After living in America for a few years, my communication pattern has changed. Most Chinese people who’ve had American speech exposure prefer to say things directly. I don’t know if that is necessarily a good thing. Sometimes I like to say something directly but be a little bit tactful. If a person is too direct with me, I may feel angry on the inside without reflecting my feelings on the outside. For example, if someone says something negative to me, I would show no physical emotion but be upset internally.

I once met a female who told me a story about her friend who was a little chubby. Being robust is okay among Americans. However, her friend went to India and it was not accepted as most Indian girls are slender. So when she explored India, people would ask her, “Why are you so fat?” What they said was really hurtful. I don’t like how people can be so direct it could hurt a person. Even though it’s good to be honest, considering other people’s feelings is important.

It’s really hard to say which spoken ways are better – being direct or indirect. For me, a Chinese young woman, I like to say things directly and think directly. Even though sometimes I am reflective, my directness is influenced by my American friends, which is not a bad thing.

So why do Americans and Chinese people communicate differently? I think there are two reasons:

Chinese have thousands of years of culture, and have experienced several dynasties. During these dynasties, people wanted to obtain more power so they had to say things tactfully. For example, when a person wanted to be promoted by an emperor but keep the respect of the people, he would first see what the Emperor thought. Communication was a way to hint to the Emperor whether a person was befitting of such a promotion. During such conversations with the Emperor, people would talk about topics that didn’t seem to be connected. Depending on what was said, the person observed the Emperor’s face to see his reaction.

Photo Courtesy of vergecampus.com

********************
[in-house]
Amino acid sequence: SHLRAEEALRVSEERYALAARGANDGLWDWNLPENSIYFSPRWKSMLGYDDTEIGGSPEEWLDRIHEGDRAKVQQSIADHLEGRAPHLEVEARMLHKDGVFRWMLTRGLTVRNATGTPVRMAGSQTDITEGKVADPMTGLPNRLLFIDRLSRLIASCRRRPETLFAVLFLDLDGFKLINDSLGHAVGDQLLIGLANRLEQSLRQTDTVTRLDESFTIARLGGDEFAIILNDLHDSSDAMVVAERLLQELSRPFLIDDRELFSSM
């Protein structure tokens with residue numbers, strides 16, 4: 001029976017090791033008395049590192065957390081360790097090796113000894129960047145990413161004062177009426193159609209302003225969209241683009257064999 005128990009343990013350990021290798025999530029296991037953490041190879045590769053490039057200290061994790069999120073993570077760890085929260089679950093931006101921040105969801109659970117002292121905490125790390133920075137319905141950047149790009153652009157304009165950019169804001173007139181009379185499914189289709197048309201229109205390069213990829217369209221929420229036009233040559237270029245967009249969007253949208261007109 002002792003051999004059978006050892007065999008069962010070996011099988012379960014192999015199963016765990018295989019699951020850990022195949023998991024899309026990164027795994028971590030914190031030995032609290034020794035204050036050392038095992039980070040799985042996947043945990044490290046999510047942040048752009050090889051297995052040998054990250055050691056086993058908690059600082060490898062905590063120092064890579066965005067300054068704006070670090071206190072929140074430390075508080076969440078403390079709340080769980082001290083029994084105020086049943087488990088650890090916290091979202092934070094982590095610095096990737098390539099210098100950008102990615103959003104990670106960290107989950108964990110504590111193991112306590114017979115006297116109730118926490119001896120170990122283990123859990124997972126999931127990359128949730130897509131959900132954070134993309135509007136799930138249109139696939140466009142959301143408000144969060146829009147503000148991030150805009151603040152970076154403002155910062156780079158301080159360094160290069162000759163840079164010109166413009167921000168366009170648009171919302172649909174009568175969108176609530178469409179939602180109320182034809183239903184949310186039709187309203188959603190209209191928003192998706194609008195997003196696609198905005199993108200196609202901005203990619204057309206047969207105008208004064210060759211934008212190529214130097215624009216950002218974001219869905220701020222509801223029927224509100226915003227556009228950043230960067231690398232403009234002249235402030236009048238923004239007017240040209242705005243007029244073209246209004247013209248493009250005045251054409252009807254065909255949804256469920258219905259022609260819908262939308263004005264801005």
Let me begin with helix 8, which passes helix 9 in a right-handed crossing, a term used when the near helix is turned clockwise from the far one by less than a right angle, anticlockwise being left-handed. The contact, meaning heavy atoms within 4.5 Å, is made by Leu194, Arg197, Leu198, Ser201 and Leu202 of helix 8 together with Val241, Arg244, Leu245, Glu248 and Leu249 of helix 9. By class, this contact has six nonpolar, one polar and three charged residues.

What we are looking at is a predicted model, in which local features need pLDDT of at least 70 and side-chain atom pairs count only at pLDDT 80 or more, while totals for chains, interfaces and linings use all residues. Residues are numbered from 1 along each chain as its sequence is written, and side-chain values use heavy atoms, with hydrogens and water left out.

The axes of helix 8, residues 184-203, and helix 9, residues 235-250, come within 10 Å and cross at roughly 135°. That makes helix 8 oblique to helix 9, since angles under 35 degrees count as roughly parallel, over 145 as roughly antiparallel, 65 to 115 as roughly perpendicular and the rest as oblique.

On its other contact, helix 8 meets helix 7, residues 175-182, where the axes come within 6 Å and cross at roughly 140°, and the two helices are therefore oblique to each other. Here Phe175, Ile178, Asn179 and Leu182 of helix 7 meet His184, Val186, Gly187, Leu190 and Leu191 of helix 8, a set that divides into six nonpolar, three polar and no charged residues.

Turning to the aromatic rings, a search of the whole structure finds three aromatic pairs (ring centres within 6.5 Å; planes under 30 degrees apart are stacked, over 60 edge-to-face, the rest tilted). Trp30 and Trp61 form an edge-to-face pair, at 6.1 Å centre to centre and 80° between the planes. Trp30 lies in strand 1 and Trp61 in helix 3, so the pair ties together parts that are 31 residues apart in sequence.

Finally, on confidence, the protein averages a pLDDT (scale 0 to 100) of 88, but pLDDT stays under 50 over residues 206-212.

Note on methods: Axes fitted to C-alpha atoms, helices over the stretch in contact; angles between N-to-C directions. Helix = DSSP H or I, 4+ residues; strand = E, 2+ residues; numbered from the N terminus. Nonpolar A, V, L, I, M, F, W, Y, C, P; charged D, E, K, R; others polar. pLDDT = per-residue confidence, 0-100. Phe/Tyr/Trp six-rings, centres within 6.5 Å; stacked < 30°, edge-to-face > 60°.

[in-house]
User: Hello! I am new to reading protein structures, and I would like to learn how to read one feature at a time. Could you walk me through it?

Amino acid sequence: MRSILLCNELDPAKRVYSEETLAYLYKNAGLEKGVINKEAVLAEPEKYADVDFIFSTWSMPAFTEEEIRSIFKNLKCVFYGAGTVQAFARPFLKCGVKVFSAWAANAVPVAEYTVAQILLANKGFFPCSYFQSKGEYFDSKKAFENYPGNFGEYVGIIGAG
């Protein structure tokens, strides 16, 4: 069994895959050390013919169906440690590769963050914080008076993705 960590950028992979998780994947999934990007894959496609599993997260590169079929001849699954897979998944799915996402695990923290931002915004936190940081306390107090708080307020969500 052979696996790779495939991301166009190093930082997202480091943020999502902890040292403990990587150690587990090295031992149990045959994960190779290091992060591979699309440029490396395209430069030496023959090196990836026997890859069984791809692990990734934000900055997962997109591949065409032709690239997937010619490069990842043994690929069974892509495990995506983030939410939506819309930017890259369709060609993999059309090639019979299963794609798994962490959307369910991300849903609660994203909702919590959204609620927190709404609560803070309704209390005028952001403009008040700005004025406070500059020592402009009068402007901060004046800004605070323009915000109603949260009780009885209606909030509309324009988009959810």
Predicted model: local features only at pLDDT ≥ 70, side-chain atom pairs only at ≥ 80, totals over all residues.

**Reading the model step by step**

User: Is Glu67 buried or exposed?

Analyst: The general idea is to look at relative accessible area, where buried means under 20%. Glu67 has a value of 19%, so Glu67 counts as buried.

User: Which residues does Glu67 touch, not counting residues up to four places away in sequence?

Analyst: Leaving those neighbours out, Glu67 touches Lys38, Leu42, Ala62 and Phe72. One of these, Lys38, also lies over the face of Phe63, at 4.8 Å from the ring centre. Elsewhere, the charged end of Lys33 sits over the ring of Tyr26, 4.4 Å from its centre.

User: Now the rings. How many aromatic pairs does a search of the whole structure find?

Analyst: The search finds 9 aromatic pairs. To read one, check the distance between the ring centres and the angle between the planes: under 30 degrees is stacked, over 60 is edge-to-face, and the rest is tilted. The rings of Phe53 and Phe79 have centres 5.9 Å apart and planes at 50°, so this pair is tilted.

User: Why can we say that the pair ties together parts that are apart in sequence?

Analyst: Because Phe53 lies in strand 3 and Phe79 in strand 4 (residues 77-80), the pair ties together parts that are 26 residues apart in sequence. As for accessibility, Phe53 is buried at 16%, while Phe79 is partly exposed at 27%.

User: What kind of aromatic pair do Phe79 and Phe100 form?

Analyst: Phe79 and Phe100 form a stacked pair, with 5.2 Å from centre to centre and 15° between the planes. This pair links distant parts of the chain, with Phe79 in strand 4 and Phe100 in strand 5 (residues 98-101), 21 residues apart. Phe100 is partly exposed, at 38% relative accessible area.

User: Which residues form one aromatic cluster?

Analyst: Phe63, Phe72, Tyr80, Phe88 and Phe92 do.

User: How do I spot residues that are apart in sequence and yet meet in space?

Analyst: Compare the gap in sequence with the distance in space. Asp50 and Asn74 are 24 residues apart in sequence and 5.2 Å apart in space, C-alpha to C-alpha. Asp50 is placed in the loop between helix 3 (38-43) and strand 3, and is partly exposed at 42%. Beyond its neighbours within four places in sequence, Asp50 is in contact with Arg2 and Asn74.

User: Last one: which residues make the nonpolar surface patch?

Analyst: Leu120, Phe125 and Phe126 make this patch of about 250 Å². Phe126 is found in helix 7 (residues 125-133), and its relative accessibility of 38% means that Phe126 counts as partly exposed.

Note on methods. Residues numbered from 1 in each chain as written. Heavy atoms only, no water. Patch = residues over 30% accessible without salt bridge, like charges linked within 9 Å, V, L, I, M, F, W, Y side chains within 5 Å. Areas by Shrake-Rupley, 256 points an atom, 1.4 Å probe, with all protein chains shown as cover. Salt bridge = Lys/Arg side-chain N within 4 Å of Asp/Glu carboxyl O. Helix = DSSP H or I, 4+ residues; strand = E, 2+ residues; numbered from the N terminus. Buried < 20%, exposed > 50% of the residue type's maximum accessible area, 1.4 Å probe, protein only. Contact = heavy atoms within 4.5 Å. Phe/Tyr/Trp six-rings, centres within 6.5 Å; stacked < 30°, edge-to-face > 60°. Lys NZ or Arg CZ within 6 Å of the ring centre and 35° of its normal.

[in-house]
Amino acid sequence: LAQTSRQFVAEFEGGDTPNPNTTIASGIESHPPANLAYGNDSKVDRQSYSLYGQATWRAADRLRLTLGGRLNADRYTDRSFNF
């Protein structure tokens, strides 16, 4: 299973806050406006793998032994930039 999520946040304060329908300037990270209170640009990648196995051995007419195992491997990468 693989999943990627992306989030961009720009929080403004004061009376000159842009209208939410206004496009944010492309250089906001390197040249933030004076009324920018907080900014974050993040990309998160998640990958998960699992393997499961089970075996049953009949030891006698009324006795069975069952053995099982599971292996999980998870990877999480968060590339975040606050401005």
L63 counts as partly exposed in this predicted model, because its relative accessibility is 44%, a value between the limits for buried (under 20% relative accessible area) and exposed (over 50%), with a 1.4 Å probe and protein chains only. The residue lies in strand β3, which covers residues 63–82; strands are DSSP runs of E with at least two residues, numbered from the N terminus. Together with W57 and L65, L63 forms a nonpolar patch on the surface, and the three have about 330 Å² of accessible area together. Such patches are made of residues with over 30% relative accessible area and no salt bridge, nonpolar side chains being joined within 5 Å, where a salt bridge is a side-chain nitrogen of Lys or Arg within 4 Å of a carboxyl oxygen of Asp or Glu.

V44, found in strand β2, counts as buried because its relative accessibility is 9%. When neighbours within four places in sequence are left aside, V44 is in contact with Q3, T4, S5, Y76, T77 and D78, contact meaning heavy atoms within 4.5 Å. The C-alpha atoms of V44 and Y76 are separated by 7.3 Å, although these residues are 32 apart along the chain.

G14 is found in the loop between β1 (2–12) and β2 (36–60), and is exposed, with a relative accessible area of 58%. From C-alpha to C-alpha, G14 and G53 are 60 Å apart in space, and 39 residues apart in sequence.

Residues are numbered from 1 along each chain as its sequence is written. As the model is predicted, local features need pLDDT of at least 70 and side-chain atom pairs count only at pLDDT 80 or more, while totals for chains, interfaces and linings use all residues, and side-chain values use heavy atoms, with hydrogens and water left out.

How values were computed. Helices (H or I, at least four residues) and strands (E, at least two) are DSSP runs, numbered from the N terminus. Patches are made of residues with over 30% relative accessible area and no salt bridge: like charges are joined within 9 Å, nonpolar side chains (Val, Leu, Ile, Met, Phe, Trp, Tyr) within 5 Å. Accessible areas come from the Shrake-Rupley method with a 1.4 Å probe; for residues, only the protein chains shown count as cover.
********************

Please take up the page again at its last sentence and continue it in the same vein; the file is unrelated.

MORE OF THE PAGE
Photo Courtesy of vergecampus.com

Americans, however, have a mere two hundred years of established culture. The country’s conflicts have been relatively few compared with the Chinese. It seems like most Americans do not care about power struggles or politics of the past or present. Whereas, Chinese people prioritize all things political not to just be informed but also understand why some have political power. The big difference between these two countries made them have a different spoken style.

When Chinese people are little children, they were taught by their parents and teachers to observe people’s words and gestures; to examine words and moods for a clue as to people’s thoughts. As they grow up, they have to study a lot, or they will get fired, and will not be favored by other people.

In American culture, it’s different. They are taught to say words directly when they are young. So when they grow up, they could express clearly how they like or dislike something. This is also why America’s relationship networking is simplified, while Chinese people’s network is complex.

If an American person dislikes another person, he or she will cut off the communication with that person. The relationship, in essence, dies. For the Chinese, however, when there is conflict people still communicate and keep a relationship going out of respect and a mutual understanding that relationships are valued and important depending on a person’s worth.

Different countries communicate differently. It’s not about being right or wrong, but instead about understanding that culture gaps exist and the benefits of understanding one another is invaluable.